London - Ukraine's internal political problems are already covered by its B-credit rating and it would take a worsening of its ability to access foreign funding to provoke another cut, Standard and Poor's said on Tuesday.
S&P downgraded Ukraine at the start of last month and warned it could cut it further if its international reserves declined faster than expected and its funding commitments became increasingly difficult to meet.
The country has plunged into crisis in recent days over the government's shunning of a trade deal with the European Union, spurring a standoff between pro-Russian and pro-EU forces.
S&P's primary analyst on Ukraine, Trevor Cullinan, said last month's downgrade meant the current “economic and political challenges faced by the country” were already factored in.
However, if the situation continued to deteriorate and it became difficult for Kiev to get hold of the money needed to pay its bills, another cut could be on the cards.
“To the extent that these developments impact on Ukraine securing official financing, they could affect sovereign creditworthiness,” Cullinan added.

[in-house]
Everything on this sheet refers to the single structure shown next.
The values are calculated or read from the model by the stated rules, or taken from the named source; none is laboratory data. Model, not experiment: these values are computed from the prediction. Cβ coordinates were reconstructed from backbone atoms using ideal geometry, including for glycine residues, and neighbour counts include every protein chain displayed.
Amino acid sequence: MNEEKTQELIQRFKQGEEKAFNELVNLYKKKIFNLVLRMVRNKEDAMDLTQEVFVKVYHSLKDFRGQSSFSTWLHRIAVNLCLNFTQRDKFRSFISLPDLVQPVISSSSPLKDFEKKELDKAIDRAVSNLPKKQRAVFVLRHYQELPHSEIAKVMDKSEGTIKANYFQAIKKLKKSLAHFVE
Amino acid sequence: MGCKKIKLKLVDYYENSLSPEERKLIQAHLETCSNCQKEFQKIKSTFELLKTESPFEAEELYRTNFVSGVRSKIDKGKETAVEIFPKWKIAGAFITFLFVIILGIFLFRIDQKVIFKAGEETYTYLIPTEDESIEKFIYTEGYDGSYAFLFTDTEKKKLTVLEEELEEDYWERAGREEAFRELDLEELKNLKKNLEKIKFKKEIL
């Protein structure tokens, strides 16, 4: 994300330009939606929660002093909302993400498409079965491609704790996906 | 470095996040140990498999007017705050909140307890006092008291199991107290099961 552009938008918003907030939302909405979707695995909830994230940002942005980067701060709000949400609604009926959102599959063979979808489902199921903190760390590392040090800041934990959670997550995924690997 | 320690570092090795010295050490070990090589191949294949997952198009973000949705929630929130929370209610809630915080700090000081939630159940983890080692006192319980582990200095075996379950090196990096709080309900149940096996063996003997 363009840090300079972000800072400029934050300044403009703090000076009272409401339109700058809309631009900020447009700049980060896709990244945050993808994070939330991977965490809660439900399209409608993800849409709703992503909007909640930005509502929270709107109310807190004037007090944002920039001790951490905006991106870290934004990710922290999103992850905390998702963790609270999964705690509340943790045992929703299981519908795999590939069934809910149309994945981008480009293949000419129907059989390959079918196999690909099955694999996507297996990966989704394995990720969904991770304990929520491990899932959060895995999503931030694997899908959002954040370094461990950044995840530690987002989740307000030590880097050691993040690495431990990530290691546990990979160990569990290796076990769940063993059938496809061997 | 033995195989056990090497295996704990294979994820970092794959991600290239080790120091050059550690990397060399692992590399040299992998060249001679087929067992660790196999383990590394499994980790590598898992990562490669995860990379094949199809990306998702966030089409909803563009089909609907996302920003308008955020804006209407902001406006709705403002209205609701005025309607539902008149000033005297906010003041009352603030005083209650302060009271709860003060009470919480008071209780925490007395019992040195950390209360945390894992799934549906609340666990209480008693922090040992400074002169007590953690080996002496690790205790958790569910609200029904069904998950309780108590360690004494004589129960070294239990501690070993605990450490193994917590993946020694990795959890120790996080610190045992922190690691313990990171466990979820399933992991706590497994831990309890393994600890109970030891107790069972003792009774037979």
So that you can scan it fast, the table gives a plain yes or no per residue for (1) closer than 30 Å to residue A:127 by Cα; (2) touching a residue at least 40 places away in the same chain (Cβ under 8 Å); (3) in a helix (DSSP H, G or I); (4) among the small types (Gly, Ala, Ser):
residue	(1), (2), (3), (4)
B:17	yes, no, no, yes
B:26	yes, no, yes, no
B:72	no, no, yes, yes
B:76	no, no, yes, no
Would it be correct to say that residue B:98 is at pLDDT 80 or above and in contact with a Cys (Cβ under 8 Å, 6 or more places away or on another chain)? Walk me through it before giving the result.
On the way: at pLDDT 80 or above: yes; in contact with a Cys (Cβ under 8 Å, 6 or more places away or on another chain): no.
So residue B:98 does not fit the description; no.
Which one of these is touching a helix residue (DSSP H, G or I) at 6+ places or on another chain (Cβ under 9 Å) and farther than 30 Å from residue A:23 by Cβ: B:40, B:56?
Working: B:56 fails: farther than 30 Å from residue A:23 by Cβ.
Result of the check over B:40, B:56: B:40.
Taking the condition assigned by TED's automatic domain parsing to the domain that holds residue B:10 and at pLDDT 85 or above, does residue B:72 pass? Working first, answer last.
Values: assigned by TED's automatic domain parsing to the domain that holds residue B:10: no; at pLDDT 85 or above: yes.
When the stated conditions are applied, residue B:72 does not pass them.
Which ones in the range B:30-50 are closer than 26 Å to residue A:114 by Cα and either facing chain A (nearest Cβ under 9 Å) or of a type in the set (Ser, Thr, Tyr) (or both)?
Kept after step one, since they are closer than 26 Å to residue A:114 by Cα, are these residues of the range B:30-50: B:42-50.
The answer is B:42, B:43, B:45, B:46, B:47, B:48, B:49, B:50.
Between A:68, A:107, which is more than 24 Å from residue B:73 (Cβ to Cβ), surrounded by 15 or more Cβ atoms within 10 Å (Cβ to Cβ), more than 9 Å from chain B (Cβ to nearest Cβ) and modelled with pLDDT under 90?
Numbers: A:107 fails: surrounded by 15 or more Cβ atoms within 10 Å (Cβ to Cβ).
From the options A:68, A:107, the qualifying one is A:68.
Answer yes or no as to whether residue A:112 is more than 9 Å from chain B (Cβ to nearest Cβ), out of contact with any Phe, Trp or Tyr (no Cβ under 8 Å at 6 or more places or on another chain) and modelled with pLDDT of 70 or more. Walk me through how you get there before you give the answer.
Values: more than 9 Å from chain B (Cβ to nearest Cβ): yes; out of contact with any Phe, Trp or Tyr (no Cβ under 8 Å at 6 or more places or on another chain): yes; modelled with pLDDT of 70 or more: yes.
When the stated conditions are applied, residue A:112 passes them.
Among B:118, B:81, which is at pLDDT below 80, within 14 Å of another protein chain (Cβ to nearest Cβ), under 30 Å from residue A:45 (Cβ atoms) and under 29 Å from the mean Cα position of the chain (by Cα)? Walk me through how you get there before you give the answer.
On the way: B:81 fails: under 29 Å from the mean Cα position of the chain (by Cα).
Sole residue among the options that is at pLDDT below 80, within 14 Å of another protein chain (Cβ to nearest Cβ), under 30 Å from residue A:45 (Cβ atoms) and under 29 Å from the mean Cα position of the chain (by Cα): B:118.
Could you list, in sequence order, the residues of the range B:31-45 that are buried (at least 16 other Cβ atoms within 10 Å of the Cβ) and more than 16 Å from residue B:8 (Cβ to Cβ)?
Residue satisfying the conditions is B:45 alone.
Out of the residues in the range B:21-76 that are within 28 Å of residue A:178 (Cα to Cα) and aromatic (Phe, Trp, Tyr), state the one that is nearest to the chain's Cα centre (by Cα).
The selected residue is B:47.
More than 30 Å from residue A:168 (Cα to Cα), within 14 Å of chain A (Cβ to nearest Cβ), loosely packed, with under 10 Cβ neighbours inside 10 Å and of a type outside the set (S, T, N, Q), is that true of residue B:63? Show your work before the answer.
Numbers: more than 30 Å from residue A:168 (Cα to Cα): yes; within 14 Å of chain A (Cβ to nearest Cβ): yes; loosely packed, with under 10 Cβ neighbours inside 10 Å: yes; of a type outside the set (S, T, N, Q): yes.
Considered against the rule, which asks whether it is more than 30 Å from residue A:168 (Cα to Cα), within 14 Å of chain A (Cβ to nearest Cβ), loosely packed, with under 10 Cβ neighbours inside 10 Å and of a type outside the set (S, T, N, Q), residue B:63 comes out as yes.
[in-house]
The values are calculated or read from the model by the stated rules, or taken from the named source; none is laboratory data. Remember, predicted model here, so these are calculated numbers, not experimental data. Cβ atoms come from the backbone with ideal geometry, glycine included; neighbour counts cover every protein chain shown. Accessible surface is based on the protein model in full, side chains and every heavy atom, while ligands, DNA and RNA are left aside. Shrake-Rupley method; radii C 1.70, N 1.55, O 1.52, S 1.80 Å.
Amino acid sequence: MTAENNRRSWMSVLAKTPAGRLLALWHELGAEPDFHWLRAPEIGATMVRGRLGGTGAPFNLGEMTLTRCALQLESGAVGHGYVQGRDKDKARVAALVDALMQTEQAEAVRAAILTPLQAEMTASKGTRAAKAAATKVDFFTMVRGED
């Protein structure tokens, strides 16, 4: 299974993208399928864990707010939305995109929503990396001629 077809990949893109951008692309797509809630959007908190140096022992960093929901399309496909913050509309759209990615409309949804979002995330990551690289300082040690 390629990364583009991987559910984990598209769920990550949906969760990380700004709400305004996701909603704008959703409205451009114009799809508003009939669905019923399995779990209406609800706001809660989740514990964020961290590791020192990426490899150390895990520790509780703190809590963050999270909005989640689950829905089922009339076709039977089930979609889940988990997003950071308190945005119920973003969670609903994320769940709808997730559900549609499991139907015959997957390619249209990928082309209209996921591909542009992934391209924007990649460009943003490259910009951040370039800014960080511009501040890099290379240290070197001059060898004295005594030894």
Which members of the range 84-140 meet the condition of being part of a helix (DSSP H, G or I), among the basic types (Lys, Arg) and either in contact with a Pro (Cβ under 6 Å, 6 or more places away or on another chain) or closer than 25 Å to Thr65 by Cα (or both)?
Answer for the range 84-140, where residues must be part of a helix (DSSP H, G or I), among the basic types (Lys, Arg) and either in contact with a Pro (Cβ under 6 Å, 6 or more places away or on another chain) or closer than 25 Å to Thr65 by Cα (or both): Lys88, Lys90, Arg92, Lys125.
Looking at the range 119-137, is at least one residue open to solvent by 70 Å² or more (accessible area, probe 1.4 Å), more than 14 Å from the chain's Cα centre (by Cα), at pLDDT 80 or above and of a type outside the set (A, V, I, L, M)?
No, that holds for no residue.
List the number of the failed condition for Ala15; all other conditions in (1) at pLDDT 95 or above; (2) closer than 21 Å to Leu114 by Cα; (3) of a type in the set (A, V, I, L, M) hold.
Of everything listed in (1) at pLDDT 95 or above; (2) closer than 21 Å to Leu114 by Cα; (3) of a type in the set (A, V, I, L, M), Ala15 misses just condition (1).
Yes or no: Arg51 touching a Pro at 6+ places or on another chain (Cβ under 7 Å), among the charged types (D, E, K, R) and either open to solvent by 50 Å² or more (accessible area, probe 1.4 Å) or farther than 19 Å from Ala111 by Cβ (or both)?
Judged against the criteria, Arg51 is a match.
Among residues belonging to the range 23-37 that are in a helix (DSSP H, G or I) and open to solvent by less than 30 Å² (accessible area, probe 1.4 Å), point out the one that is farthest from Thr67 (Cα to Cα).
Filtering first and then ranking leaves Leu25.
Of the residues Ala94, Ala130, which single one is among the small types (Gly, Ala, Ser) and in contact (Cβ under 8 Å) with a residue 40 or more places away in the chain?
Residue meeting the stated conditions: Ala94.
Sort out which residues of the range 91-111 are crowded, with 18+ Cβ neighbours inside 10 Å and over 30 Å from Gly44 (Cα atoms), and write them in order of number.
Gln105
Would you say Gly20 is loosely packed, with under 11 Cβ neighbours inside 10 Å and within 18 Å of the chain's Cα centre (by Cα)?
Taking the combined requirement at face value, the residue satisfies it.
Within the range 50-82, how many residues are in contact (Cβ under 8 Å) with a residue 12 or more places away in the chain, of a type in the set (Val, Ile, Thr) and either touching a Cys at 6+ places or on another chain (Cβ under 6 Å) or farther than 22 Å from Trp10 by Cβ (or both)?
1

President Viktor Yanukovich's decision to tie Ukraine closer to Moscow has triggered mass protests in Kiev.
Its central bank has been forced to intervene on the currency, and bond and share prices have fallen.
Prime Minister Mykola Azarov's government has resisted pressure from the International Monetary Fund to unhitch the national currency from a tight band around 8 hryvnia to the dollar and allow greater flexibility to reduce imports and help narrow the current account deficit.
But the government's ability to meet a heavy foreign debt repayment schedule in 2014 is undermined by depleted foreign reserve stocks which at the end of October stood at $20.6 billion - which covers less than two and half months of imports. - Reuters